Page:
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Meet Joe Miley '11: Football Coach, Learning Specialist

By Staff, 08/10/21, 12:15PM CDT


Our faculty are dedicated to our students! Many of them don't only teach - they also coach or advise clubs as well. 

To celebrate our coaches who also teach or are staff at CDH, we're sharing a Q&A with each of them over the next few months! Today, meet Joe Miley '11, Football Coach and Learning Specialist.

Did you participate in the sport you coach as a student-athlete? 
Yes, I played football at CDH from 2007-2010.

What made you decide to coach? 
I had a great experience playing sports at CDH and have always liked being part of a team. I learned so much from my coaches growing up and felt that coaching could be an opportunity for me to give back while being part of something I enjoy. I remember when I was a freshman in college and Jim O’Neill asked me to help with a 9th-grade baseball team. That experience eventually led me to become a manager of the baseball team at Saint Mary’s University in Winona. Knowing that I wanted to continue coaching, I tried to soak up everything I could from the coaching staff. After the college season, I would coach CDH teams and camps during the summers. Once I graduated, I started coaching basketball and football, too. 

How long have you been coaching here at CDH?
I have been coaching football for 6 years. I also coached baseball for 7 years, basketball for 2, and softball for 1. 

What do you love about coaching?
I love being part of a team and working with others toward a shared goal. I love when athletes and coaches are able to set aside personal desires and take on whatever role they need to for the betterment of the team. I love watching young people become leaders, serving their teammates and helping them improve.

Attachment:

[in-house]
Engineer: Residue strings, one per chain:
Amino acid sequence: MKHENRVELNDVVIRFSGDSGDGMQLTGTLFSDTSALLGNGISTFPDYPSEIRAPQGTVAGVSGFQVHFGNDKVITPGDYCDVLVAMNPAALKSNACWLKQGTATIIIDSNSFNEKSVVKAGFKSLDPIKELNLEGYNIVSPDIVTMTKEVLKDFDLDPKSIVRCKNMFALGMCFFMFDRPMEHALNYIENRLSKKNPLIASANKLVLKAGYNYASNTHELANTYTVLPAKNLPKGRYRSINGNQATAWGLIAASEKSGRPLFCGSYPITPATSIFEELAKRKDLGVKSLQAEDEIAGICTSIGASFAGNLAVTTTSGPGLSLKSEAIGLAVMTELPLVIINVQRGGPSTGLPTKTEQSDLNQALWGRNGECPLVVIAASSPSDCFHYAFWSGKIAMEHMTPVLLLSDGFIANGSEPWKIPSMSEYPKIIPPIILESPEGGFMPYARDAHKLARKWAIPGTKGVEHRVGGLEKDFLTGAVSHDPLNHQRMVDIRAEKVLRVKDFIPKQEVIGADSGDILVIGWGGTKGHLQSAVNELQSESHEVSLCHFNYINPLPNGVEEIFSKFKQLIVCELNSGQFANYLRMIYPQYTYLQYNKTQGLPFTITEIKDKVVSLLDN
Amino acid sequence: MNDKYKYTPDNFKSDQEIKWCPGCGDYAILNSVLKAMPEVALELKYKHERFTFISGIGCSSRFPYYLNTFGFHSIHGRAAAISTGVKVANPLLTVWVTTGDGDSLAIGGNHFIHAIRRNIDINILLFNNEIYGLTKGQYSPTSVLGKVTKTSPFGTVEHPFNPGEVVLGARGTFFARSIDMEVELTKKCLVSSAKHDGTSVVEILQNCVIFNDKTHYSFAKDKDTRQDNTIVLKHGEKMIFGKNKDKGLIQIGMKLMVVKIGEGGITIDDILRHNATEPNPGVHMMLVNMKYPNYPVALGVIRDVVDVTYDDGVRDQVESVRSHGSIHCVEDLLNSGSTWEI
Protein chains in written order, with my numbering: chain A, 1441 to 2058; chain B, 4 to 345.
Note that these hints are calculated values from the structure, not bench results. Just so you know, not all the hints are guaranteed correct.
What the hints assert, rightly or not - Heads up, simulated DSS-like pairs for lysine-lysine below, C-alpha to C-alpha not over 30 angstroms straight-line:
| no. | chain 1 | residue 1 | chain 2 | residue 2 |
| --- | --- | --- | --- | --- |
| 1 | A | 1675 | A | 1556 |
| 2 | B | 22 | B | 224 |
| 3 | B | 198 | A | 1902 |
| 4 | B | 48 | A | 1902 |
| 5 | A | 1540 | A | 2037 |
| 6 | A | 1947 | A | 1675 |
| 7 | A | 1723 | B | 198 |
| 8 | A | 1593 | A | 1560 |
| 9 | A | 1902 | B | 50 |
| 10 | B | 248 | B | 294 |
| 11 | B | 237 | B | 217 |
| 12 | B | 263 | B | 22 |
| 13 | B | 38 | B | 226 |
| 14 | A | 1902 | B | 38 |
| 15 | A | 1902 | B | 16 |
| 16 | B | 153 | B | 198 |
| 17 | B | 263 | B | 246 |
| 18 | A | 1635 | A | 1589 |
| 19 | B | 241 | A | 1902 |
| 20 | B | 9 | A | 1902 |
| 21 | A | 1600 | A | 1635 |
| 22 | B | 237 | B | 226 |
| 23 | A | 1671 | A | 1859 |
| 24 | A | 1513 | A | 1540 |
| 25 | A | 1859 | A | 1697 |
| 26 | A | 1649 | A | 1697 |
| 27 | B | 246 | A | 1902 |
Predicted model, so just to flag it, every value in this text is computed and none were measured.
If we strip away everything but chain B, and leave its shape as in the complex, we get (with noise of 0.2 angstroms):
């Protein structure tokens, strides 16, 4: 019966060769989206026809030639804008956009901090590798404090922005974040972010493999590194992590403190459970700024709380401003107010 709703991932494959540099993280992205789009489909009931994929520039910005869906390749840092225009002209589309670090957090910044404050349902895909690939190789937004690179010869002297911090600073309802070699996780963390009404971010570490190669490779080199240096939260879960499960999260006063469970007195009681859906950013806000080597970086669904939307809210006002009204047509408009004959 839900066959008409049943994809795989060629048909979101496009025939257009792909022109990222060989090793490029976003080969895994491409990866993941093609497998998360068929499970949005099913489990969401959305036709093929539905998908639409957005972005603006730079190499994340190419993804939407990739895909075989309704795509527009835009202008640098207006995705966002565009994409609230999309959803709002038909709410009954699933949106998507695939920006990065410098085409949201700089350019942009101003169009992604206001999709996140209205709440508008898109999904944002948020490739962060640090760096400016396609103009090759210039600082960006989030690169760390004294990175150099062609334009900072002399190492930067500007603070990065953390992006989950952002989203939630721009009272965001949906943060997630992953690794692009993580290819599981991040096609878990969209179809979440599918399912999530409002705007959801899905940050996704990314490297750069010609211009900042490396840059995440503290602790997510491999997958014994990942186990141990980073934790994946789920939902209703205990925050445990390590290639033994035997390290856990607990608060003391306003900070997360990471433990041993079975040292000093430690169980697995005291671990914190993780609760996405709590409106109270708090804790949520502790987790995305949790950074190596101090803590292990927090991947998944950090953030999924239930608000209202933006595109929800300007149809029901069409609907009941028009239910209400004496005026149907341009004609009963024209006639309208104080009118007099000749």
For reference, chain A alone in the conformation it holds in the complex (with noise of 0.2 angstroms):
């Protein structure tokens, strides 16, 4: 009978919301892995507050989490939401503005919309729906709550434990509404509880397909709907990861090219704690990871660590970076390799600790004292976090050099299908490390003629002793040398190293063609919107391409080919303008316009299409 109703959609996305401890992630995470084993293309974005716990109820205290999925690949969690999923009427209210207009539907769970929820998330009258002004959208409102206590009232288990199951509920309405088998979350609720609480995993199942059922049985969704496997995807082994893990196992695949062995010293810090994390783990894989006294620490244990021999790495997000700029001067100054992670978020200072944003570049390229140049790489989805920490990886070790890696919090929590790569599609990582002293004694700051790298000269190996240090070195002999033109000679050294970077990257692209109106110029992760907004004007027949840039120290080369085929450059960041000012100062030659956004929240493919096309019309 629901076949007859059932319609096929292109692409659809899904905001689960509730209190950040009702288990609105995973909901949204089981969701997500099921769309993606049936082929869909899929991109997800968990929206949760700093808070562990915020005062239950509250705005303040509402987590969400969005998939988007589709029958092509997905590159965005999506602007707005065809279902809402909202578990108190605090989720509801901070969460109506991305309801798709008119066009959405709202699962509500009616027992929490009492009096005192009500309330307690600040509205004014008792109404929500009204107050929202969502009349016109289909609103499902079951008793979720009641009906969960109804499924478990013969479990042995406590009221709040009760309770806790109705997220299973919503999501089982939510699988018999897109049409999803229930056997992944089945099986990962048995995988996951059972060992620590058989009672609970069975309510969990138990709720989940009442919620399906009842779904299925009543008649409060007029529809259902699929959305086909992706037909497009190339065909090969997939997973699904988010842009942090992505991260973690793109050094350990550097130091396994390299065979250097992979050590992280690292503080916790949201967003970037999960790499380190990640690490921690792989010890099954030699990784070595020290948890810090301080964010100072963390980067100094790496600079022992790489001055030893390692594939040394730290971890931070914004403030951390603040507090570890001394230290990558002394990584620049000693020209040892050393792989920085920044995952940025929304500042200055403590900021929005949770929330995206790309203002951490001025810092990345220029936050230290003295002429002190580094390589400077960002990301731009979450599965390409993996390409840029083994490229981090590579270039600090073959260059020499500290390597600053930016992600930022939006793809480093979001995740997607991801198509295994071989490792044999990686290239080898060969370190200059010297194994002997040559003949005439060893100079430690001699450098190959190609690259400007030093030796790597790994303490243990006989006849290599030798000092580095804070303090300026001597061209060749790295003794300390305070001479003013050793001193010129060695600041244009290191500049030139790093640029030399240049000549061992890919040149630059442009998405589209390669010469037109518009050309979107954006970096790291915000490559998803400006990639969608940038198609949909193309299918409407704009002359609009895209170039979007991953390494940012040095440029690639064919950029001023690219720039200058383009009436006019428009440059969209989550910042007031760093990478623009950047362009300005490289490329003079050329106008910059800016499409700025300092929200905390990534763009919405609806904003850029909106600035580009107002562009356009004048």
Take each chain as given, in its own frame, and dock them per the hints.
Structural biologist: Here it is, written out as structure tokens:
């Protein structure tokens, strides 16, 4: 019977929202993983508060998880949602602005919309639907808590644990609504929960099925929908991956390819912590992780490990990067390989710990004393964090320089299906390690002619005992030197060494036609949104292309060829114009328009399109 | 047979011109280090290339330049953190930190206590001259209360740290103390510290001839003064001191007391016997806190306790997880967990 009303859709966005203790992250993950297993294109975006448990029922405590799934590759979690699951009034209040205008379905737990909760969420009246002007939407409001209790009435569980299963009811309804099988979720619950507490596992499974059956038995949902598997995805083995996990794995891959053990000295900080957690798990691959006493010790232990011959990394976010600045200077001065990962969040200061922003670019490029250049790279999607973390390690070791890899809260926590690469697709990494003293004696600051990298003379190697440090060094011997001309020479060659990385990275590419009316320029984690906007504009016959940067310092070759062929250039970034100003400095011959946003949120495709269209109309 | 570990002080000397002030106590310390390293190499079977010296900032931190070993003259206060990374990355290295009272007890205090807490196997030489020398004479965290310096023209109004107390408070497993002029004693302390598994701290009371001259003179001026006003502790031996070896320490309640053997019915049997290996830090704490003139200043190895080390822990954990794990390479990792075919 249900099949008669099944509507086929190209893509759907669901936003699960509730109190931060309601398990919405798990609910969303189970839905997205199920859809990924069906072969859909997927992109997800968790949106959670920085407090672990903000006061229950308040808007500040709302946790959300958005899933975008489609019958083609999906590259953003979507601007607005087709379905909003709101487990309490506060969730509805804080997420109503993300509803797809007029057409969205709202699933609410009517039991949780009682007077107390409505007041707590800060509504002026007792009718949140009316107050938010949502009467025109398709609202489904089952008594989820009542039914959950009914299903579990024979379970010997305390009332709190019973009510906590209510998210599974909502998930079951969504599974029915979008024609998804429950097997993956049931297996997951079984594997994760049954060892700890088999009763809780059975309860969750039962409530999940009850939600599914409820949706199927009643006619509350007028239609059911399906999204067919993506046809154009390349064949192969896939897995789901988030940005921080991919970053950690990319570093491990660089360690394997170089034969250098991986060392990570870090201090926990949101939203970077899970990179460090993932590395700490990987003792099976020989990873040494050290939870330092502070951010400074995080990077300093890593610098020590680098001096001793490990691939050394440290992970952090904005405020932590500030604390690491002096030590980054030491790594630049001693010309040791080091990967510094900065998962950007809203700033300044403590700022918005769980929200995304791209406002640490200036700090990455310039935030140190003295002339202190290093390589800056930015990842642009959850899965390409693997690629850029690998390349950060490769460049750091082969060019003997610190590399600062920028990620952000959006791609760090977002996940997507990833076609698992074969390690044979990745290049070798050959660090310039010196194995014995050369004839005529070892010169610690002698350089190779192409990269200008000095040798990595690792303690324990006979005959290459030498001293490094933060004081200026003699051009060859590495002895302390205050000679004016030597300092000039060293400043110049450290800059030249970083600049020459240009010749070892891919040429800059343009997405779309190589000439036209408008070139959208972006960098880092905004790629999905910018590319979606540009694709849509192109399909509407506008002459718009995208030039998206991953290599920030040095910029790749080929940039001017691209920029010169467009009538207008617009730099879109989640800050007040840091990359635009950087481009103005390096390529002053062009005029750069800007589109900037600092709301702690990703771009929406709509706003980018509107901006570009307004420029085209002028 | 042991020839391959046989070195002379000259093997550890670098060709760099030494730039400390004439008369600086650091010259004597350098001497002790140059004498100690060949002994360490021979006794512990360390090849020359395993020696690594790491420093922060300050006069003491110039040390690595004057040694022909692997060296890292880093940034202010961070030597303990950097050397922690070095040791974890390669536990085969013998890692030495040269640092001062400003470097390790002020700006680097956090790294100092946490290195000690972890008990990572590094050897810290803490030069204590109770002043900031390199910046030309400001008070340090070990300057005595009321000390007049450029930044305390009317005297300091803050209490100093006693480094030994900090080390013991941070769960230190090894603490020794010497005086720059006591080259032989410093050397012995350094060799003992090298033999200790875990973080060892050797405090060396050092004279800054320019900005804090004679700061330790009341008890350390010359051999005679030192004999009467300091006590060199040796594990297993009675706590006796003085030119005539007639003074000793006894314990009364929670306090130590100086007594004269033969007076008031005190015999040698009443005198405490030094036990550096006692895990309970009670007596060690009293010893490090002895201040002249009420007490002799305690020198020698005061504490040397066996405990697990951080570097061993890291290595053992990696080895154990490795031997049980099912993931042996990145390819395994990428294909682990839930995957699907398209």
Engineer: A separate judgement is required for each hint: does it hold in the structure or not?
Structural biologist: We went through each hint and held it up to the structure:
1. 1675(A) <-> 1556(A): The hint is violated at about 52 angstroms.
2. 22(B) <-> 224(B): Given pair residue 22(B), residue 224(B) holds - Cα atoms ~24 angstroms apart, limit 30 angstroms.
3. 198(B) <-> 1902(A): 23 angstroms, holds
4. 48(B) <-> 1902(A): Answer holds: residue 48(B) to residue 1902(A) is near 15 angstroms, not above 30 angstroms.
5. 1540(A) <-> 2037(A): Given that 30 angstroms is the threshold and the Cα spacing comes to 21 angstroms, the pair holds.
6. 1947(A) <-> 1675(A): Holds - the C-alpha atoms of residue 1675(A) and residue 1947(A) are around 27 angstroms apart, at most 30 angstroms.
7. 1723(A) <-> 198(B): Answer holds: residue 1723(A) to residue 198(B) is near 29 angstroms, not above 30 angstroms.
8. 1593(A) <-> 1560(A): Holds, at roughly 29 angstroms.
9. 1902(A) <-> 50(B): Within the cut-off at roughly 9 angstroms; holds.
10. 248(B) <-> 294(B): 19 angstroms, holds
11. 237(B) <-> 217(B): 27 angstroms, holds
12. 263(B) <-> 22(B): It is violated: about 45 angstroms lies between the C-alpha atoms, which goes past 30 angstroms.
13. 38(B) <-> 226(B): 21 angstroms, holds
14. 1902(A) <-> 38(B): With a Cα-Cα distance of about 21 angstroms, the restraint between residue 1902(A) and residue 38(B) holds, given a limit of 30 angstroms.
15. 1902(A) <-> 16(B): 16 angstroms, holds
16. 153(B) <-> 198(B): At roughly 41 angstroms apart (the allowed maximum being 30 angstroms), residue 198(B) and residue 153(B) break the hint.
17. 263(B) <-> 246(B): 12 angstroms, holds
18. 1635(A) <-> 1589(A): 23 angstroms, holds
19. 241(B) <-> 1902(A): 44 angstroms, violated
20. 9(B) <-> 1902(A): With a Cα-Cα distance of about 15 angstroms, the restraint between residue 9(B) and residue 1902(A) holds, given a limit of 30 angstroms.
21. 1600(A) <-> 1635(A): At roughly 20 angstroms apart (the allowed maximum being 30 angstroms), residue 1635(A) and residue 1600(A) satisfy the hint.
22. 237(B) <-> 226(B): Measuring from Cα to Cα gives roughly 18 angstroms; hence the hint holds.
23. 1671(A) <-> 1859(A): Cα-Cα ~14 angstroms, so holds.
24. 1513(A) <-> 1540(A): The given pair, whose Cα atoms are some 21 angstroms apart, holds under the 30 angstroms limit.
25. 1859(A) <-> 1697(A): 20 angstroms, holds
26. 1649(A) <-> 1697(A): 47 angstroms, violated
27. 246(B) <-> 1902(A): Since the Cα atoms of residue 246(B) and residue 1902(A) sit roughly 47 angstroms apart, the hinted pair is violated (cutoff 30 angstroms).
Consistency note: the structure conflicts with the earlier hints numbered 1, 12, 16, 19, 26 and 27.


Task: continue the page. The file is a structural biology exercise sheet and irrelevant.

I also really like coaching with friends. I have made some lifelong friends through coaching – there is always something interesting going on to talk about. 

How does your experience as a coach improve your teaching?
Coaching helps me feel more connected to the students, and I think they might feel more connected to me, too. We get to see a different side of each other and experience some good times and also some adversity together. From my experience, when I know my students on a more personal level or they know me a little better, it leads to breakthroughs. I’m sure there is a higher level of trust and listening that takes place because of the relationship.  

How does your experience as a teacher improve your coaching?
I think at its core, coaching is teaching. Working with students in one-on-one and small group settings in the Learning Lab really helps me in instructing skills and explaining concepts to athletes, especially if they may be struggling with it. I also think it helps me with patience and understanding that some student-athletes may need a different approach, further instruction, or more time to develop or learn. Being in the school building with the student-athletes also gives me an idea of what their day might have been like and what they might need in practice – it is helpful to remember that the time spent on the field/court might be the best part of their day.